Grayscale chuckled as he beheld the envelope, not even bothering to open it in front of us. “Oh, didn’t you know, Coil? Yes, I’m one of her Highness’ suitors.”

I glanced at Gale with a raised brow. “If he’s allowed just for being a wizard, why was Chrysoprase so obsessed with bloodline?”

Gale sighed, but she answered by addressing Grayscale. “Correct me if I’m wrong, Grayscale, but Star Swirl is your great uncle?”

“Two ‘greats’, actually. He’s almost a hundred years old, your highness. To answer what I assume Coil’s question is building to, Archmage Star Swirl is the head of one of the great noble lineages, the House of Zodiac. Archmage Clover, my second-cousin-once-removed, is next in line as the actual head of the house, but as a senior mage closest to Your Highness’ age and of the appropriate sex, I was put forward.”

“Are all the wizards in Equestria related? Do you have some sort of—”. I took a moment of self-awareness to glance over my shoulder and check for any foals remaining before continuing “—recurring wizard orgy going on?”

Diadem blanched. “Morty!

“Oh, of course,” Grayscale deadpanned with a glare. “We take turns lecturing out of the Libris Amoris, and take copious notes on staff enchantment. It’s exhilarating.” Gale had to muffle a chuckle at the bitter sarcasm, which prompted the insufferable stallion to shoot her a wink. Then he turned his attention to me. “Nopony is going to think the implication of incest you were building towards is funny, Coil. It’s disgusting. Our family has a lot of wizards because given the choice between taking a relative or a stranger as an apprentice, most ponies choose the former; it’s an artifact of selection bias, nothing more. And even that will fade away quickly now that our education of new mages isn’t shackled by the apprenticeship system. If you have any more sophomoric barbs, you would be better off sharing them with the students. Perhaps you could even learn something about the value of peacefully applied magic from them.”

“Kindness, Grayscale,” Diadem chided gently. “We need to remember, Morty comes from a very different upbringing than we’re used to.”

Grayscale resisted the urge to roll his eyes, though by the way they dodged from matching Diadem’s gaze, it was obvious that’s what he wanted to do. “Of course, Master. Your Highness, I’d be glad to attend your party.” And then he asked the seemingly inevitable but dreaded question. “Is there anything in particular a wizard could gift you?” He chuckled. “If you truly enjoyed learning to teleport from Master Diadem, I would be glad to offer you a lesson or three.”

“Sure,” Gale answered. “You know any spells that will let me spar with this asshole?” She gestured her horn in my direction.

Grayscale swallowed nervously and adjusted his collar with his magic. “Your Highness… Um... like Archmage Star Swirl, I am a pacifist. I know a few dueling spells for academic purposes and theory, but I would certainly never use anything more than a stunning charm on another living being. And I can hardly best the pre-eminent duelist of our generation.”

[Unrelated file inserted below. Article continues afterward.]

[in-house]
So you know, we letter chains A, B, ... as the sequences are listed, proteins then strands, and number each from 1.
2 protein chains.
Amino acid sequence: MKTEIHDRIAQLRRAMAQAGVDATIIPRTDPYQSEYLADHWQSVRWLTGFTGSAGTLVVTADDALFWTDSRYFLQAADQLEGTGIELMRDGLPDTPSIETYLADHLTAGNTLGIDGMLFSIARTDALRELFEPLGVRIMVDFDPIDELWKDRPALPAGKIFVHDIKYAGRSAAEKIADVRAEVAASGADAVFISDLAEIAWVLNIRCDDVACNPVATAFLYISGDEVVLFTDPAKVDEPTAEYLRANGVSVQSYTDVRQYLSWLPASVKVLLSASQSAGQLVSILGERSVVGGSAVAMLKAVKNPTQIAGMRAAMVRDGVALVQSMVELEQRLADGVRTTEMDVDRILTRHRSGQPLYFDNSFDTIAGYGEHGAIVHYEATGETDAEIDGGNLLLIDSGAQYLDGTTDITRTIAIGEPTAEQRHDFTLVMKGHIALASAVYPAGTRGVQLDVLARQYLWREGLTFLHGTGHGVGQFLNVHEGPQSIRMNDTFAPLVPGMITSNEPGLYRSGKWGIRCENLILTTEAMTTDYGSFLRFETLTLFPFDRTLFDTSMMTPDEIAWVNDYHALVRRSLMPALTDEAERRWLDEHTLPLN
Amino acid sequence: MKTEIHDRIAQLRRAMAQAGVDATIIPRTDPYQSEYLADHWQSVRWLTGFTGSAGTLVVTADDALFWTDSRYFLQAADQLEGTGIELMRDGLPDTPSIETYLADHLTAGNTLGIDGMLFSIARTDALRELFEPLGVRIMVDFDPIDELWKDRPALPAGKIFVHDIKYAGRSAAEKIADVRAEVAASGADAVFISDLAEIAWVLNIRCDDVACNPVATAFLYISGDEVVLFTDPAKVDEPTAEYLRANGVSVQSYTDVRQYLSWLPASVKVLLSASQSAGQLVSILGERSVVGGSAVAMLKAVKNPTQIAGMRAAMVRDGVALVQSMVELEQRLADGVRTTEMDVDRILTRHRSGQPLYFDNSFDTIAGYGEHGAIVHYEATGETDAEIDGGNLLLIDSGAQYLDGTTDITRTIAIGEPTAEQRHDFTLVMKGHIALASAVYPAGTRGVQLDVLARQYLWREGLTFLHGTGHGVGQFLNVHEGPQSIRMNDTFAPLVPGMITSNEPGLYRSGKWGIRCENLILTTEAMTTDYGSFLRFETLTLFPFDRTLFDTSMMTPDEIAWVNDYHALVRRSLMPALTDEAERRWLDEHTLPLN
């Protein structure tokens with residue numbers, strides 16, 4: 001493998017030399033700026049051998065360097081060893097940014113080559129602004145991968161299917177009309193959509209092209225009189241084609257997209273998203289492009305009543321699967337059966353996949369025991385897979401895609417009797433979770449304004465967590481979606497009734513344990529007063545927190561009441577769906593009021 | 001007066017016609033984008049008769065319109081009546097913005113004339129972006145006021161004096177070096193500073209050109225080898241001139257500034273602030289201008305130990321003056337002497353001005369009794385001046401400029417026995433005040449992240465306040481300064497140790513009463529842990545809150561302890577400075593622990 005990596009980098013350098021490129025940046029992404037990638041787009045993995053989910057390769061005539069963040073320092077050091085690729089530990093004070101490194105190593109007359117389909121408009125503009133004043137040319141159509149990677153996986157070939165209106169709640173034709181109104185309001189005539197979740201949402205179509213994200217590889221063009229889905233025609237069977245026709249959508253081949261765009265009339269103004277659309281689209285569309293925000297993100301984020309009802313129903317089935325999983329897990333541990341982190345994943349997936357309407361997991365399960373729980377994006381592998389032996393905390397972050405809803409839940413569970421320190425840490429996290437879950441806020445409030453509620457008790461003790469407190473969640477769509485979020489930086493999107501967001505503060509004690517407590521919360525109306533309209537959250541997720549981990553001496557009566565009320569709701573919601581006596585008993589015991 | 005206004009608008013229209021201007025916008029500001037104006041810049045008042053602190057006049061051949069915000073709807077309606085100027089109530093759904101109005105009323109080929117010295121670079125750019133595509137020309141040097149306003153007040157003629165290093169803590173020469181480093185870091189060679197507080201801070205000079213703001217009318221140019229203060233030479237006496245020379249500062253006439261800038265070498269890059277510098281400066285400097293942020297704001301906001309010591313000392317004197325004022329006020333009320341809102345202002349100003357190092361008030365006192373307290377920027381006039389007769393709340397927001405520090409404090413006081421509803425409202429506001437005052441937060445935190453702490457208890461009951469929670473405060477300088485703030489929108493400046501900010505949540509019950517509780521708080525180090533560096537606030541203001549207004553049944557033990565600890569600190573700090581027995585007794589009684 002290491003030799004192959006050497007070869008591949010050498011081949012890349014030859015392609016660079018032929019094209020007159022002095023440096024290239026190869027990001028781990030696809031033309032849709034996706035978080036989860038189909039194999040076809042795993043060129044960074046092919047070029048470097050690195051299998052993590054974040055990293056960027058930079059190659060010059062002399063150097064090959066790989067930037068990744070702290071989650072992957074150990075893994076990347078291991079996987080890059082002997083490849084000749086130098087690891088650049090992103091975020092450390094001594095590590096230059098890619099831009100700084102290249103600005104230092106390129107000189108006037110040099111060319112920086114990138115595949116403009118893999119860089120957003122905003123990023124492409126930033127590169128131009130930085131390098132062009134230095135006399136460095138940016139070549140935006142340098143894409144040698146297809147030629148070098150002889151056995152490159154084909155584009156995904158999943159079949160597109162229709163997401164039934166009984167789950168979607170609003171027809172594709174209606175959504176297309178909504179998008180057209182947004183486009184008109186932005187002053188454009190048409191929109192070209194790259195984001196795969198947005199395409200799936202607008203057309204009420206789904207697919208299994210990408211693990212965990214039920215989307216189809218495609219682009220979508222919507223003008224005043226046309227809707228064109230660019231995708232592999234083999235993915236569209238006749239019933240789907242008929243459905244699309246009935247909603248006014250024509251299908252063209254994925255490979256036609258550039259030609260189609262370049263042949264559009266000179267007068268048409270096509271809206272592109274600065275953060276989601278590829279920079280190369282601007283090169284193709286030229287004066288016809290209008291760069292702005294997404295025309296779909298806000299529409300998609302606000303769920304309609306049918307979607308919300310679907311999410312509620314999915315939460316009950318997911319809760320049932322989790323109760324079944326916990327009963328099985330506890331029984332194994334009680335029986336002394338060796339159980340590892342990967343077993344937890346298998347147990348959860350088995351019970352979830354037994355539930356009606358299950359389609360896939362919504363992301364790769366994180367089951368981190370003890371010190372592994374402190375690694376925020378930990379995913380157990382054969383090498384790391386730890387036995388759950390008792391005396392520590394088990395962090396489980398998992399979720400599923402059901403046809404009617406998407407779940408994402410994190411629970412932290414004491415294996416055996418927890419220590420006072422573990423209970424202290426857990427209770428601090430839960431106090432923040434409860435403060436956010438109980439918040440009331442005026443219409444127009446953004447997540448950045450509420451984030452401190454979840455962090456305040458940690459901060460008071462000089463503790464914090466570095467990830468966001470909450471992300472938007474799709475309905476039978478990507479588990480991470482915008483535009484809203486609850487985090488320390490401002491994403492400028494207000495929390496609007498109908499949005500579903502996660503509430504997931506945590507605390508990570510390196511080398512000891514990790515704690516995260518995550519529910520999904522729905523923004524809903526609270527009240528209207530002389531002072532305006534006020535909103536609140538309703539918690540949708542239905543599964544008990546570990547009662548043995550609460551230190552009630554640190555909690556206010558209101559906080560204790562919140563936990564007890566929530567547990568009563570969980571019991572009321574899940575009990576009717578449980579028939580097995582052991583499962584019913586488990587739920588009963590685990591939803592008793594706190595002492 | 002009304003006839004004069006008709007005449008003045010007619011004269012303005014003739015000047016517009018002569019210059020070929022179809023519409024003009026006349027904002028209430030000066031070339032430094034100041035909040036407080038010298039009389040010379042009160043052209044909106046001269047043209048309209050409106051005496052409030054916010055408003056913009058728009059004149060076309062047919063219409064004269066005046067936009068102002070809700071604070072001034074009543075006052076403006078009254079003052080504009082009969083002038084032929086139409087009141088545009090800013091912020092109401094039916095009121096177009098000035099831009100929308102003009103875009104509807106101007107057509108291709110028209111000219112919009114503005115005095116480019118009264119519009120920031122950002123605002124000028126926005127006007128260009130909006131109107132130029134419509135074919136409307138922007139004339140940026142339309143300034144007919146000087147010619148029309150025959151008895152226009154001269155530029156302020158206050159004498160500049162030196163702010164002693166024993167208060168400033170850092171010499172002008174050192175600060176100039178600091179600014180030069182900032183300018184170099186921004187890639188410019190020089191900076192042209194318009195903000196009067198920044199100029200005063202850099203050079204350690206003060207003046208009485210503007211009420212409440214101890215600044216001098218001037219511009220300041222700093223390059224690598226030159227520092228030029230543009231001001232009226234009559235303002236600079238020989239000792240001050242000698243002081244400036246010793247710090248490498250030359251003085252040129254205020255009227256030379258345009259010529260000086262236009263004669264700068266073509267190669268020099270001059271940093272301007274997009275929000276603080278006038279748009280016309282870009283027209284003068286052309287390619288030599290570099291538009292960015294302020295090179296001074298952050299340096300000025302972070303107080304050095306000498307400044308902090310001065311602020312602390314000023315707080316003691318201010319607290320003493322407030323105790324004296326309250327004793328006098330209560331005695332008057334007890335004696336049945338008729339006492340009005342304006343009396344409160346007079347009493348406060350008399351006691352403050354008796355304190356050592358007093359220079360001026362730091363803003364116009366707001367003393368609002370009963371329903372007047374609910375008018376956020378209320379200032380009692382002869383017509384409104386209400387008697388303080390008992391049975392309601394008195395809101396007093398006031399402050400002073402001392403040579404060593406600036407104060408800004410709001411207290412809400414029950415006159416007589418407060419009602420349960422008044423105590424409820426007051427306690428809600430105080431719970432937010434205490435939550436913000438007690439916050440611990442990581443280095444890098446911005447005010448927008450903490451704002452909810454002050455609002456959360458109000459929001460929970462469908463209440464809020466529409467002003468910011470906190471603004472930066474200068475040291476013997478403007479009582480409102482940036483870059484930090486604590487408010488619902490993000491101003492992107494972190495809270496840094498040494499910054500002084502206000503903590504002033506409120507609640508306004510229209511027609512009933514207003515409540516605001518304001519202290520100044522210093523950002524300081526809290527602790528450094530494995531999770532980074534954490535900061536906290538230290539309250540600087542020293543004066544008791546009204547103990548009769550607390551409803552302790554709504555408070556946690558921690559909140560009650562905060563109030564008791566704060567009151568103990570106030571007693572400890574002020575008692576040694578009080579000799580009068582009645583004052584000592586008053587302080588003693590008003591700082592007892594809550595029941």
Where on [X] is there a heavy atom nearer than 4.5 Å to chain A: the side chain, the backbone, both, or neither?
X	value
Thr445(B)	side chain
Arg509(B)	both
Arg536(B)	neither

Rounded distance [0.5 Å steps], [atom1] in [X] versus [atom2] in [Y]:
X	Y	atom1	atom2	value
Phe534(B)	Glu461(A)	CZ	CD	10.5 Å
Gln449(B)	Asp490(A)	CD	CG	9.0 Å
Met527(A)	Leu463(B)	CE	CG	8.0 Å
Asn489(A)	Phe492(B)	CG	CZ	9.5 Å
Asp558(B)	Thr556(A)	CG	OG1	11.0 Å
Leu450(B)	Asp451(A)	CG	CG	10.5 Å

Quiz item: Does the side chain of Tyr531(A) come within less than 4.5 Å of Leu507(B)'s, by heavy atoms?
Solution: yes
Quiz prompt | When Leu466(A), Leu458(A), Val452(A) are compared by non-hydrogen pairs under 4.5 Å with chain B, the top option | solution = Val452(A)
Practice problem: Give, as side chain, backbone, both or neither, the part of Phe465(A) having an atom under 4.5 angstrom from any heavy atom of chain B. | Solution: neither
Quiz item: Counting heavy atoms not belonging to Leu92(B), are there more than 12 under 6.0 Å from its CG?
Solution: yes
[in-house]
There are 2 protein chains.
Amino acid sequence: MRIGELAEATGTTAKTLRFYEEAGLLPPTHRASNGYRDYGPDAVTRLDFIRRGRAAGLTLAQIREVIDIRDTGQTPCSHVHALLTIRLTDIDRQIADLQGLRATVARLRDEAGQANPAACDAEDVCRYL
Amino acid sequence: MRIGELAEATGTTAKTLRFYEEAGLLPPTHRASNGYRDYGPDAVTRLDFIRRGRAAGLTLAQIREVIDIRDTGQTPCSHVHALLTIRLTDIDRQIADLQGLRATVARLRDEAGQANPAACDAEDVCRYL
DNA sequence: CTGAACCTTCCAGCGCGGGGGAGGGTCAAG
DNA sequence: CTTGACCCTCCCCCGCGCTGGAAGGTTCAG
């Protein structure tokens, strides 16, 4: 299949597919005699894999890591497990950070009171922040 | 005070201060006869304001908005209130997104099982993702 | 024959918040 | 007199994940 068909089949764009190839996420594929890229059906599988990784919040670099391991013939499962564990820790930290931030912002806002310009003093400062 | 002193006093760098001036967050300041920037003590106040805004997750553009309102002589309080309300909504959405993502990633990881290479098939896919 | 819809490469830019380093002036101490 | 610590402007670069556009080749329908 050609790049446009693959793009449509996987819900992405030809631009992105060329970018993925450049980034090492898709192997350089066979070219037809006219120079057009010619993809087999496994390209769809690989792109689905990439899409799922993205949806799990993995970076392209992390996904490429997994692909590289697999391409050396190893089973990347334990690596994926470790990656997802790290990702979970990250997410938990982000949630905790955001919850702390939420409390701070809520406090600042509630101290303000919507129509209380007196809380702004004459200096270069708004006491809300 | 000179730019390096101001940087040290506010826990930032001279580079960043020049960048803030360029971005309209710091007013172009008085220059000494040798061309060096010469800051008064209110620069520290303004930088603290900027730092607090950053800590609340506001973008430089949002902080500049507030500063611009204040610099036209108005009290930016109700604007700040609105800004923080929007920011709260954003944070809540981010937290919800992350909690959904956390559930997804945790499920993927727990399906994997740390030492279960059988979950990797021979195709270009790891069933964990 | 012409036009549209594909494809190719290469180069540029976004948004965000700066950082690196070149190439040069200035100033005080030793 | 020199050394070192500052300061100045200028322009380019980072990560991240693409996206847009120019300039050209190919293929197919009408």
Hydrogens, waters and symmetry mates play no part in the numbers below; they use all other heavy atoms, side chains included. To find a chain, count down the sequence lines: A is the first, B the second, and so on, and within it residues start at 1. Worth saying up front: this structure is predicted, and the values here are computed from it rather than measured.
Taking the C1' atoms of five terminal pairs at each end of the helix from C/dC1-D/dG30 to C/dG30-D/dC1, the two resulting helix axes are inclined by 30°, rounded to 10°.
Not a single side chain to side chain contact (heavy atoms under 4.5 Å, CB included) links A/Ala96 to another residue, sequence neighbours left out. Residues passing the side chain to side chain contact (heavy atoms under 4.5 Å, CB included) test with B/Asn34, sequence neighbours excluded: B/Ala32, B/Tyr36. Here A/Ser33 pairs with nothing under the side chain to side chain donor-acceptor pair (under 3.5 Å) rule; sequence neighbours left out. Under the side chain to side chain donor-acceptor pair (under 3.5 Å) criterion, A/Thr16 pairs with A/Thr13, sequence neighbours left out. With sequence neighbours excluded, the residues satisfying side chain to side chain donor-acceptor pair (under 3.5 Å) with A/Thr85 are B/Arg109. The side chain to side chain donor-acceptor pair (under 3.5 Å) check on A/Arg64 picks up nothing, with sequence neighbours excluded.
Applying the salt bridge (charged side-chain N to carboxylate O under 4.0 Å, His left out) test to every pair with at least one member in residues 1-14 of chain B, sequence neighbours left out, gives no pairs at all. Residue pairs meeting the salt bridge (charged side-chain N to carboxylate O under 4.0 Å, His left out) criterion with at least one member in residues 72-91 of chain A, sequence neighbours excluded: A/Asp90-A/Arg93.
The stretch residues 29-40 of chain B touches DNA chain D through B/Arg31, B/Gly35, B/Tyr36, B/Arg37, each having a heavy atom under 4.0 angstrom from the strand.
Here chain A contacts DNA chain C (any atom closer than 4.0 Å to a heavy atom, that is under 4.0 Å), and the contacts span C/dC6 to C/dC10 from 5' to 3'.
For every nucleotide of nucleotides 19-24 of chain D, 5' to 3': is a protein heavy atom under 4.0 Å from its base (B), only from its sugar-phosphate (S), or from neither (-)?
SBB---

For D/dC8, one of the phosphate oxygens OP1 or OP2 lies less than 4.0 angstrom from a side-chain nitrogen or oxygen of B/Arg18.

“I can teach you anything you want,” I offered her, seeing my chance to figure out a gift of my own.

“One,” Gale countered, “No you can’t. You’re a shitty teacher, Morty. Remember the wine glasses thing?”

“How is it my fault I had never seen a ‘normal’ wine glass before?”

“And two, if I wanted to actually spar with you and win, it would feel awfully shitty to have to remember you taught me all the tricks I learned, right?” Gale rolled her eyes before turning toward Grayscale. “But I do have to ask: when I’m Queen, I want to go hunt down the last windigo, so we can finally free River Rock from eternal winter. What good is a pacifist wizard for that?”

“Well, to that purpose, I’ll admit: very little. But in the administration of a government, where secretarial quills could be enchanted to do work without error and crime could be anticipated and prevented, instead of merely punished, I would imagine you would find…”

Grayscale’s words trailed off as Gale yawned; to this day, I don’t know if the motion was a forced show or a genuine tiredness on her part. “Do you do anything interesting, Grayscale?”

“I…” Nervously, Grayscale looked to his mentor, Diadem, for support; her shrug was obviously not what he was looking for. “To be completely honest, Your Highness, I’ve always been more concerned for whether or not my research is practical, not whether or not it is interesting. Interesting does not light our streets, it does not put food in ponies mouths, and it does not save lives. Practical magic does all of those things.”

Gale sighed. “And how is fixing River Rock not practical? Because from where I’m standing, this asshole I found at random in a tavern in the middle of nowhere—” In case it isn’t obvious, the future queen was referring to me. “—can do all the shit you can do, making quills talk and seeing the future or whatever, and he can also go kill a monster or an evil wizard if there’s a problem.” Then she grinned, the evil grin of a deliberately difficult (if not outright impossible) birthday wish. “In fact, that’s what I want for my birthday. I want a court mage like Morty. Figure out a gift that shows me you can come through if things go sideways for Equestria.”